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Man accused of murdering Burnaby teen Marrisa Shen going straight to trial

Marrisa Shen (Burnaby Now File Photo) The case against the man accused of murdering Burnaby 13-year-old Marrisa Shen will go straight to trial without being tested at a preliminary hearing.
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 The man accused of murdering Burnaby teen Marrisa Shen will be going straight to trial. Photo: Marrisa Shen. Burnaby Now File Photo.Marrisa Shen (Burnaby Now File Photo)

The case against the man accused of murdering Burnaby 13-year-old Marrisa Shen will go straight to trial without being tested at a preliminary hearing.

Ibrahim Ali, 29, was charged with first-degree murder in Shen’s death last September after a 14-month homicide investigation.

The girl’s body was found in a wooded area in Central Park on July 19, 2017 after her family reported her missing a few hours earlier.

Dates were set this past June for a 12-day preliminary inquiry starting on Nov. 25.

Such inquiries are typically held before criminal trials to determine if there is enough evidence to go to trial.

But Ali’s preliminary hearing was cancelled this month after Crown prosecutors filed a direct indictment against him on Oct. 19.

Direct indictment

Prosecutors can seek approval from the attorney general's office to go straight to trial with serious cases via a direct indictment under more than a dozen special circumstances, including cases where there would be a significant danger of psychological or physical harm to either victims or witnesses if they had to participate in multiple court proceedings.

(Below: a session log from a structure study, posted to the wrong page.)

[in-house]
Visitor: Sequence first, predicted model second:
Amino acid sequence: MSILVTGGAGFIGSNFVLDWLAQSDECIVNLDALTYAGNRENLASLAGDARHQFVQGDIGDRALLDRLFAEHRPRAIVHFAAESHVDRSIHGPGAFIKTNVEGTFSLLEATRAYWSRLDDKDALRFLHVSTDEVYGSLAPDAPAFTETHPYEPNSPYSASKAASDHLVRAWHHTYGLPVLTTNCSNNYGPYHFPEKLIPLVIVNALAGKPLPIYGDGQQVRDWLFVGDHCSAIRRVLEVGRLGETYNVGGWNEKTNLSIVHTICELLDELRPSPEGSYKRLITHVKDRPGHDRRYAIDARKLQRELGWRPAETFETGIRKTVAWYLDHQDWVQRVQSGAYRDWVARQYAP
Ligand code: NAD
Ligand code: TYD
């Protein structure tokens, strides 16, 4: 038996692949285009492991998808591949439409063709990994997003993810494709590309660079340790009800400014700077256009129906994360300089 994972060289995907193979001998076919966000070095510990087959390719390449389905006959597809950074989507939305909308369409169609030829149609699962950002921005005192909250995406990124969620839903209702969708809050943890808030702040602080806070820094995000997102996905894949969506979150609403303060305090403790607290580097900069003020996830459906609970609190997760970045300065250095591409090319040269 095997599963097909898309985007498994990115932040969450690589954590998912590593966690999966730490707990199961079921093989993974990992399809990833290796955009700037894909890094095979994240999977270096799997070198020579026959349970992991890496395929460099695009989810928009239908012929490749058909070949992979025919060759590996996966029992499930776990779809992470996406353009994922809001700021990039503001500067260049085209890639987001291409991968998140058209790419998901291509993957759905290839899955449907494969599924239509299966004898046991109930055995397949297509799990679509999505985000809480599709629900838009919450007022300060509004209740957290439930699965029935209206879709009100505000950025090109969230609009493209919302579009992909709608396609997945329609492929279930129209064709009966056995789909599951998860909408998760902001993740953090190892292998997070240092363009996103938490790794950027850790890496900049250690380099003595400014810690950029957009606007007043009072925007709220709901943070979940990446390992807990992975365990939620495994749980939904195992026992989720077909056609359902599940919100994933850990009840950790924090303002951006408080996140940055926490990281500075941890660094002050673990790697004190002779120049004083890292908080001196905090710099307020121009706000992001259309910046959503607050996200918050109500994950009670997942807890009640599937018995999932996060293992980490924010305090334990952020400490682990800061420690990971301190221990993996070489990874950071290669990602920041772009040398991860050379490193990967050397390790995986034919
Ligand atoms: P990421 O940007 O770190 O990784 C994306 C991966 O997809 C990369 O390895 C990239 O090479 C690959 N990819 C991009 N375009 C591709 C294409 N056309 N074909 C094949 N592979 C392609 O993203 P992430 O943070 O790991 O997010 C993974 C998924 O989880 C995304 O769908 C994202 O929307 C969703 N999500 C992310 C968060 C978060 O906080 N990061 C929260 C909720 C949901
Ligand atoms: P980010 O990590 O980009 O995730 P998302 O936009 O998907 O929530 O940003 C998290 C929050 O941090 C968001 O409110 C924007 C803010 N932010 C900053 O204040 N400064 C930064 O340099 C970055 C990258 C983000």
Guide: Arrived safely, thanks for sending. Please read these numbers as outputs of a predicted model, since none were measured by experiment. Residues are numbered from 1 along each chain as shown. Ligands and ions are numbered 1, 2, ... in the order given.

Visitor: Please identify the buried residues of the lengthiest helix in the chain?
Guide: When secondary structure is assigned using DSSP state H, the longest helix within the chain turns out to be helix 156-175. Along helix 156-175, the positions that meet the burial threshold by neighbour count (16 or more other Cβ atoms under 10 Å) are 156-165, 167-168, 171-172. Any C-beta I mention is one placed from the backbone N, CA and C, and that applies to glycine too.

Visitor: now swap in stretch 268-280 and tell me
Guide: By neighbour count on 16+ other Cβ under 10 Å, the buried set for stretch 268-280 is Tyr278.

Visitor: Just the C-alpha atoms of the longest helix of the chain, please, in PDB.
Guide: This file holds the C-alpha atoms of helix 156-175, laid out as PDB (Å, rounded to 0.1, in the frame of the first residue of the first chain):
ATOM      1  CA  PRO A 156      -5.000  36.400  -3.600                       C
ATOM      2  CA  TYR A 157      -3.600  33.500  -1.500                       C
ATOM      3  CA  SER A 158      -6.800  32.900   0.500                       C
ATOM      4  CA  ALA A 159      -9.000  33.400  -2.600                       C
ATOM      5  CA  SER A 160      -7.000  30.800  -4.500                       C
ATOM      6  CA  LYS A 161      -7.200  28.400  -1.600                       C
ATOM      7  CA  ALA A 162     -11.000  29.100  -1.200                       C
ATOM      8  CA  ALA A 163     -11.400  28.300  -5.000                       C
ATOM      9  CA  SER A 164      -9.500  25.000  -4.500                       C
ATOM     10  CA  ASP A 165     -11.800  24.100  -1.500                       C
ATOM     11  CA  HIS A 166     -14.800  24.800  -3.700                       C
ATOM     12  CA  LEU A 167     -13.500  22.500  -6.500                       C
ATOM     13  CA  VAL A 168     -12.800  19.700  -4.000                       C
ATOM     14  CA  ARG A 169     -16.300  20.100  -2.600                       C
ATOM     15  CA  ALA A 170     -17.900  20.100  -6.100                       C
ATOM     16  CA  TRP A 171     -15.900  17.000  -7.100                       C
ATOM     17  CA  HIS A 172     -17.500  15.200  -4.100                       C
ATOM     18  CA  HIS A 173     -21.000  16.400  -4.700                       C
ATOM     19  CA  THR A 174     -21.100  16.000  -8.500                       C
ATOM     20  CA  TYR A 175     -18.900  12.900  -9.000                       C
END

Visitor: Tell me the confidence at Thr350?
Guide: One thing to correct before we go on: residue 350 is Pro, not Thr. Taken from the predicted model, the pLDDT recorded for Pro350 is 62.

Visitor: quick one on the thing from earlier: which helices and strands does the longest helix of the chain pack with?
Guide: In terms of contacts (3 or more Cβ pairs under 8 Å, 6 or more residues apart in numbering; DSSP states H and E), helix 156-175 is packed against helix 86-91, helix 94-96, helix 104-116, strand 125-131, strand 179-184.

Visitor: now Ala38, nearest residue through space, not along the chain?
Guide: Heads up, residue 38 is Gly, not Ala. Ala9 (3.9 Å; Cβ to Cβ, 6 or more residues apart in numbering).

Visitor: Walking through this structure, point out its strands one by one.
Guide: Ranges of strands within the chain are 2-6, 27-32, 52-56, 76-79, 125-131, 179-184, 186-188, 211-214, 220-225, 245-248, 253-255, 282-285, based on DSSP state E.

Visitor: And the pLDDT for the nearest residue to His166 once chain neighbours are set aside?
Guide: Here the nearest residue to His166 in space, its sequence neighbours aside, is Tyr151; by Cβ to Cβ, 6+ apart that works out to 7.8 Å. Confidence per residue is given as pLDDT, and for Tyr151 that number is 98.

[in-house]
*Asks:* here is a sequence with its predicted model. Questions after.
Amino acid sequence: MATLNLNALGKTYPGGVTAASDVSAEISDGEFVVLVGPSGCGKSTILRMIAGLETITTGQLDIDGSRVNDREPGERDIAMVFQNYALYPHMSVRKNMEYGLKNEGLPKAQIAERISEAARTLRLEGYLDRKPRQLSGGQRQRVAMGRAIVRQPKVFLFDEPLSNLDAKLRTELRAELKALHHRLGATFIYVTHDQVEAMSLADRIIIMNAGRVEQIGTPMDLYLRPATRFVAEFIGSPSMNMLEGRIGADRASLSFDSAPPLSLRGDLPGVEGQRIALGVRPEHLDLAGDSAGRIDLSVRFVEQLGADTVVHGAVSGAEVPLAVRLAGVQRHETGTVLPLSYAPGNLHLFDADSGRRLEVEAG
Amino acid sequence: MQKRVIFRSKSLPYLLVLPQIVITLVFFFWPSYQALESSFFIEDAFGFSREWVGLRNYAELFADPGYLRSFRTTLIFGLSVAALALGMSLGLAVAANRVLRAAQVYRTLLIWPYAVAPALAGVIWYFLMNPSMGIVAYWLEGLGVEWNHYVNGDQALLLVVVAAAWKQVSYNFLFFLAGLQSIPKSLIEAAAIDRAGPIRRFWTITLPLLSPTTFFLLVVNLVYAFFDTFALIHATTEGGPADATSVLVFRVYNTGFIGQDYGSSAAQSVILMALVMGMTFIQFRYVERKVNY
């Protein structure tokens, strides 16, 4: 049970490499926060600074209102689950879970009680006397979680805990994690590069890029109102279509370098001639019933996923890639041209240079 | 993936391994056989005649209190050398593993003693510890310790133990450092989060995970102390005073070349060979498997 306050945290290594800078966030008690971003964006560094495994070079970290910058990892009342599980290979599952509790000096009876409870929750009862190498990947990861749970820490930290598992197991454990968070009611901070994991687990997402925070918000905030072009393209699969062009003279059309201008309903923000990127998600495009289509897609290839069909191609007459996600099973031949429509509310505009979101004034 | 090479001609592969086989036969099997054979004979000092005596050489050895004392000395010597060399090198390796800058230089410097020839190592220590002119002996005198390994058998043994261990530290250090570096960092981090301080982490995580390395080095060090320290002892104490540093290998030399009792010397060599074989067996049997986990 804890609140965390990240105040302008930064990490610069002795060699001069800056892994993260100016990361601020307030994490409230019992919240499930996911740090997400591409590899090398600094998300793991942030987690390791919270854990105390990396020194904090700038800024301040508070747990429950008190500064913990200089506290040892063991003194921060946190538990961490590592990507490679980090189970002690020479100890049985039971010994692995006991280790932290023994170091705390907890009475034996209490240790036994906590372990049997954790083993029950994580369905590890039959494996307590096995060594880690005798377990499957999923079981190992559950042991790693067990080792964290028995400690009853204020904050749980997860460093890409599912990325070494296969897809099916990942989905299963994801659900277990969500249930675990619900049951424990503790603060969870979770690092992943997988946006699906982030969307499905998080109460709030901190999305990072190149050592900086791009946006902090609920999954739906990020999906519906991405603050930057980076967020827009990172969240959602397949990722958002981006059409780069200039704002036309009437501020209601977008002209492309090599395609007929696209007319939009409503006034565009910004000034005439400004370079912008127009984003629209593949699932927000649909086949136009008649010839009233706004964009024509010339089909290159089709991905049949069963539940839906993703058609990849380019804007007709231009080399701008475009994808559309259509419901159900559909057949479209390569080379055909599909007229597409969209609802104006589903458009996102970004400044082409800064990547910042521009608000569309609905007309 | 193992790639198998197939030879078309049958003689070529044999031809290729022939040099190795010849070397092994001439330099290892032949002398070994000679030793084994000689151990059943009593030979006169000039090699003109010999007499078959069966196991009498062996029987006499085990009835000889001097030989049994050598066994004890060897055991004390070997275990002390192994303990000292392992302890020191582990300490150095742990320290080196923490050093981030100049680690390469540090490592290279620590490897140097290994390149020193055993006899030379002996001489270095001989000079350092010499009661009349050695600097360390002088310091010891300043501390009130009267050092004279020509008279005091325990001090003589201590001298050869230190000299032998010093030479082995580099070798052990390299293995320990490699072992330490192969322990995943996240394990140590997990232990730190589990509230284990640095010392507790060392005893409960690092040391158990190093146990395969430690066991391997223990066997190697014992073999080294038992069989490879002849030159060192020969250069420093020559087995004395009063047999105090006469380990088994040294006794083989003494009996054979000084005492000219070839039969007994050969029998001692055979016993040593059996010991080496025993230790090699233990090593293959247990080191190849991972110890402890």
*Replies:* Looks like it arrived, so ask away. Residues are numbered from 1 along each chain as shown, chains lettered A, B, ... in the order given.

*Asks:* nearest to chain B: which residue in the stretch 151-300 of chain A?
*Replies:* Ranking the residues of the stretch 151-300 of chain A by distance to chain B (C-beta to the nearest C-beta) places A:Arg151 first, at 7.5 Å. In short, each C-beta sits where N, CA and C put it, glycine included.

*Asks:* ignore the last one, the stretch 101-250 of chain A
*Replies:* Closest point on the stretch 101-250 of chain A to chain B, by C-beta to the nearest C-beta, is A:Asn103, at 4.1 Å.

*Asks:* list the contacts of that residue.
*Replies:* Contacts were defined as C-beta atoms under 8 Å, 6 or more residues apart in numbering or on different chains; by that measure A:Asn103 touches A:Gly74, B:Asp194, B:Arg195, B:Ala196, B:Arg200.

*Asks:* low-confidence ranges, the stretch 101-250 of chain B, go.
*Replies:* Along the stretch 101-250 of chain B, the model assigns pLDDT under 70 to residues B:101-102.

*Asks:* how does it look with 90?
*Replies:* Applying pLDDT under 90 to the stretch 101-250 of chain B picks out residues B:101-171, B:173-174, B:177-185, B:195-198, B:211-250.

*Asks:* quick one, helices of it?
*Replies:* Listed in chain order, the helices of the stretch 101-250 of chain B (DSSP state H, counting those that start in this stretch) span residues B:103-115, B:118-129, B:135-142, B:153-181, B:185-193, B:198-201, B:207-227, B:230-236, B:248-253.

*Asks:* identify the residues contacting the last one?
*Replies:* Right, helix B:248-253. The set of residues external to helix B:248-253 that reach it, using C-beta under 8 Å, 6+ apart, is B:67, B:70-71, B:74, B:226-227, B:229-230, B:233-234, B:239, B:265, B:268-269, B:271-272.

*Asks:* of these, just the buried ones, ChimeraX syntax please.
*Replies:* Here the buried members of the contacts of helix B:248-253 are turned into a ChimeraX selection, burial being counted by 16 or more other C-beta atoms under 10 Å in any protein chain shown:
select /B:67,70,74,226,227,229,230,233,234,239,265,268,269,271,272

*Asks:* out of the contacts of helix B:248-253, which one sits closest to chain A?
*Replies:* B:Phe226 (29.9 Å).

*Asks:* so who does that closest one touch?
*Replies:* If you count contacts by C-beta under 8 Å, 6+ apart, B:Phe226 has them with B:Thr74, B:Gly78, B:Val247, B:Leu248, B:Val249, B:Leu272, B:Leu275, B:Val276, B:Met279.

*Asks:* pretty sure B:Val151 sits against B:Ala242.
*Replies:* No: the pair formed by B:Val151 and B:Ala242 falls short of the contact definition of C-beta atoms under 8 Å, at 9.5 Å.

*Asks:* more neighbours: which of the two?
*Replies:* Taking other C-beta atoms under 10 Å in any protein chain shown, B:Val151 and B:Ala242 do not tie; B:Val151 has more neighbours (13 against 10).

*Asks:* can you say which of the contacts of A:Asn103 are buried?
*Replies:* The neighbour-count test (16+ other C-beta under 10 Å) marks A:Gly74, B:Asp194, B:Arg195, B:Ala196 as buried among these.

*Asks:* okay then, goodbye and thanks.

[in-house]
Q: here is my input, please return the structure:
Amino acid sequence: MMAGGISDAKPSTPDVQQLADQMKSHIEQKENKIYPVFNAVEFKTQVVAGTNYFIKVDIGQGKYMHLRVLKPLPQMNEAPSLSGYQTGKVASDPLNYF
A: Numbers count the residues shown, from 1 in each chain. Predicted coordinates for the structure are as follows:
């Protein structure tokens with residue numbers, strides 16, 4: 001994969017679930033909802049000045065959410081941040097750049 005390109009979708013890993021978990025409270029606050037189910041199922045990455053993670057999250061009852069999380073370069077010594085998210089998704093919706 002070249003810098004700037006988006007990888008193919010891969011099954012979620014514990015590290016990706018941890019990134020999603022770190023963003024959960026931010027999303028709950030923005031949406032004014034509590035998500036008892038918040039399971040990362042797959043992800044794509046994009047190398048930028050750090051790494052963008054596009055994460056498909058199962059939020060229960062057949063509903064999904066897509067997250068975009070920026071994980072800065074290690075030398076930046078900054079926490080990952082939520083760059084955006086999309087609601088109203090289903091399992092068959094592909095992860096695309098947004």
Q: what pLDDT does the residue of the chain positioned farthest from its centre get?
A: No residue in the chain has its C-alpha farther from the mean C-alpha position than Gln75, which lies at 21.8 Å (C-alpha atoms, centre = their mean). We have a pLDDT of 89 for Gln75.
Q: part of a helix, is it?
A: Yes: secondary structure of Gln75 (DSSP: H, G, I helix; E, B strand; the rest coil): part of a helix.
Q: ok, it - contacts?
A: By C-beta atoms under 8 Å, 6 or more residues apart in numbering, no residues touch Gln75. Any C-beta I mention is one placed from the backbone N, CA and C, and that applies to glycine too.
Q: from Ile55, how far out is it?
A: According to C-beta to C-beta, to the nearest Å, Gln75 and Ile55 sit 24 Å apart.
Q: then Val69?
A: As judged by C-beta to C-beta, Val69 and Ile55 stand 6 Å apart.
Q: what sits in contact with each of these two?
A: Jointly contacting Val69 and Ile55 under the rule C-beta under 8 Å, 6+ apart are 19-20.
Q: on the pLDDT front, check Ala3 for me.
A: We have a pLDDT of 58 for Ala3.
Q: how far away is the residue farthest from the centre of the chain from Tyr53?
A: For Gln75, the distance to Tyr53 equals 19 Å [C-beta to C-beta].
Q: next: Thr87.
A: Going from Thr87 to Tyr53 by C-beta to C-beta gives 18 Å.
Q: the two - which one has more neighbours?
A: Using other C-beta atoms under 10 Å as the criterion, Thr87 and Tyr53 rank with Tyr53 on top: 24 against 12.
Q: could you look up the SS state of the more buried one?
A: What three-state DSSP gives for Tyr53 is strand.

In an emailed statement, B.C. Prosecution Service spokesperson Alisia Adams said she couldn’t comment on specific reasons the Crown chose to proceed by direct indictment in Ali’s case because such decisions are “exercises of prosecutorial discretion” and because the matter is currently before the court.

Ali’s lawyer, Veen Aldosky, said the defence had prepared for a preliminary hearing.

“All that preparation now is for naught,” she said. “A preliminary hearing gives us an opportunity to have the Crown marshal some evidence that we can test in a court of law, and we’ve lost that chance now.”

But Aldosky stopped short of calling the move unfair to her client.

“I trust the Crown that the decision is not taken lightly,” she said. “It’s unfortunate that we won’t have the opportunity to have a preliminary hearing, but this is just the way things go sometimes.”

Ali appeared in Vancouver Supreme Court Wednesday by video link from the North Fraser Pre-Trial Centre, where he has been held since shortly after his arrest in September 2018.

A pretrial conference for setting his trial dates is currently scheduled for Nov. 13, but Adams said that appearance will likely be rescheduled.

Once a trial date is set, Ali will have his case heard before a judge and a jury.